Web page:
In Sanskrit, my name means daughter, one who brings joy to the family. In English, it means I’ll never stop fearing introductions. I’m mostly used to it by now - the blank stare, the apologetic smile, the “Can I call you something else instead?” - but every time a teacher starts to call roll, I can’t help it: I silently bad-mouth my parents. It’s not that I hate my name; I hate the way it looks on the attendance list, between all the Catherines and Emilys and Madisons, but I love how it sounds when someone says it right. Nandini. None-the-knee. It feels like something falling into place.
To my family, a name is a name, and they don’t understand the weird, back-and-forth relationship I have with mine. I would have turned out the same whether I was named Nandini or Natalie, so what’s the big deal? It’s a rhetorical question, but I have an answer: the names that immigrant parents give their kids matter because some, like mine, serve as constant reminders of heritage and cultural expectations for people striving to assimilate.
Your physical features, manner of speech and style of dress are all automatic indicators of how similar or different you are to other people. So is your name. In my case, though, looks, language and clothing choices were easier to adjust than the name on my birth certificate. I could wake up extra early to straighten my curly Indian hair. I could substitute the razai for the blanket, the dabba for the lunchbox. I could bury my salwar kameezes in the recesses of my closet and forget they existed. But my name - it was always there, crouched in the corner like an awkward guest, ready to announce its otherness to the whole room.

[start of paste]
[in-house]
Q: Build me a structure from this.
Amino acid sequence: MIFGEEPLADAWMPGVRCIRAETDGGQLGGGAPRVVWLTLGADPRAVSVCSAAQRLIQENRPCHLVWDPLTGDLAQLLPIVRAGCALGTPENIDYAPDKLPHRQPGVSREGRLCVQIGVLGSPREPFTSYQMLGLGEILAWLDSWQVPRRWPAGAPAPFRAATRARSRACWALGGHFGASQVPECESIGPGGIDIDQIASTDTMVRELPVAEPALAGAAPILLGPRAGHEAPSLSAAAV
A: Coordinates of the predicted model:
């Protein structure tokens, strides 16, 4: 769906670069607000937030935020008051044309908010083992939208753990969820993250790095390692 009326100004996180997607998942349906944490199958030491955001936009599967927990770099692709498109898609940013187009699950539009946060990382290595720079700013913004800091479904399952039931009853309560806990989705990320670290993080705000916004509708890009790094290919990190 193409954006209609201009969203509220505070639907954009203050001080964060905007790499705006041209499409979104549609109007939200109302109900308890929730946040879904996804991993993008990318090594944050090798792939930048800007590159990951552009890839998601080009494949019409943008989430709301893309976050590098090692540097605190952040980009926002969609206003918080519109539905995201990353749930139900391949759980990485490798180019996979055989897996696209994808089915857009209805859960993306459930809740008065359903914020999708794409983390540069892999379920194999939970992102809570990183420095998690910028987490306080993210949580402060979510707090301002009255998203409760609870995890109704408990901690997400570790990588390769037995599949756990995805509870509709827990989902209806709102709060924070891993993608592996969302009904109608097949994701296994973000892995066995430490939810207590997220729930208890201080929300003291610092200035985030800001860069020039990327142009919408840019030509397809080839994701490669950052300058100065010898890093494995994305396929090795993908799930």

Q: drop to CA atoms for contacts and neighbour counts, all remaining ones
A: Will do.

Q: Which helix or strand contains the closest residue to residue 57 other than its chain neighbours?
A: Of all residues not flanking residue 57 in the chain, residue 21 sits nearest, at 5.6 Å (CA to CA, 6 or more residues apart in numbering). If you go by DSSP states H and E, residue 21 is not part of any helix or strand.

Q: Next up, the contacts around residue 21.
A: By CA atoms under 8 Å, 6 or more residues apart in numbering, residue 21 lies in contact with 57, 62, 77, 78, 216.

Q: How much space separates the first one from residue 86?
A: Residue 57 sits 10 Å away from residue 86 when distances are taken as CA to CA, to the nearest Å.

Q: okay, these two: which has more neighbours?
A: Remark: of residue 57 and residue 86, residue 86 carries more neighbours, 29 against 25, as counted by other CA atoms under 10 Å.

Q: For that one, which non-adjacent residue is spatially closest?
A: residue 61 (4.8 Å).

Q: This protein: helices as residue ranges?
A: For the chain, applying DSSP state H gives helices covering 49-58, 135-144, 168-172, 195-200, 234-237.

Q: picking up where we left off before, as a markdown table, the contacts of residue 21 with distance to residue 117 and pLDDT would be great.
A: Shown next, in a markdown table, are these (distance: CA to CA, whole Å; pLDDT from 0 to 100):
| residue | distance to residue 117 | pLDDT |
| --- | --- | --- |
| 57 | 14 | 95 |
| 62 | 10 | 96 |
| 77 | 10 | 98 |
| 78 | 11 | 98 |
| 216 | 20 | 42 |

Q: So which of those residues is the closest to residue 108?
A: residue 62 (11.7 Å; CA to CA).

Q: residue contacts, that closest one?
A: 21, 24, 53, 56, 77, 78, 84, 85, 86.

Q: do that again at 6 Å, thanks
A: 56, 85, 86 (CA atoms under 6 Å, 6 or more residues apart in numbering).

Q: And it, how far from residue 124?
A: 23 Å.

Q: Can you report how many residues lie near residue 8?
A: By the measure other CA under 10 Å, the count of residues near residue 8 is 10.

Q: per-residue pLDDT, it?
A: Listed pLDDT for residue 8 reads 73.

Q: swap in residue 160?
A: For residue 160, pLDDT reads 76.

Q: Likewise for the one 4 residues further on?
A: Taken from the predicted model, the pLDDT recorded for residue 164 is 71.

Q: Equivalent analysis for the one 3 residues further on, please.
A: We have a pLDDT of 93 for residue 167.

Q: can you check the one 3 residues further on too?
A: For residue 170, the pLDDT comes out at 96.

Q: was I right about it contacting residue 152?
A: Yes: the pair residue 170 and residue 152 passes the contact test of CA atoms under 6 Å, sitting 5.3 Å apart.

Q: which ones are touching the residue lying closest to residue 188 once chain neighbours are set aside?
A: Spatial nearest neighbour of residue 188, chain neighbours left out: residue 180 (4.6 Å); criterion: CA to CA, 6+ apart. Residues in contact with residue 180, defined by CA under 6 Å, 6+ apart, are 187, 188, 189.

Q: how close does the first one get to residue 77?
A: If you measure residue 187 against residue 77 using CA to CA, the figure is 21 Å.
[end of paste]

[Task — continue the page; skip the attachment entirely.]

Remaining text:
After eighth grade, I moved to a new town, and decided to tell people my name was Nina. Finally, the last piece of the perfect all-American puzzle I’d been trying to complete for years fell into place. People weren’t constantly forgetting my name or asking if they could call me something else, because Nina was familiar to them. It felt great - until parent-teacher conferences happened. It took my mom and dad the whole evening to figure out who this “Nina” my teachers kept talking about was, and when they did, they weren’t mad. Only confused. I’d spent my whole childhood putting up with the mispronunciations, correcting people, telling them they weren’t trying hard enough, and now I was giving up, just like that?
That was the day I realized why my parents had named me Nandini. It wasn’t because they were trying to turn me into some image of the perfect Indian daughter, but because they knew that was never going to happen. They knew they were raising me in America. Growing up here has set me apart from them in so many ways, from things like my accent and my clothes to my passions, my convictions, my beliefs. I needed my name to be a reminder that, for people like me, cultural identity isn’t about ditching one country for another. It’s about taking the best of both worlds, and when people disrespect that, telling them no - you can’t call me something else instead.
Nandini Kuppa-Apte is 17. She lives in Singapore.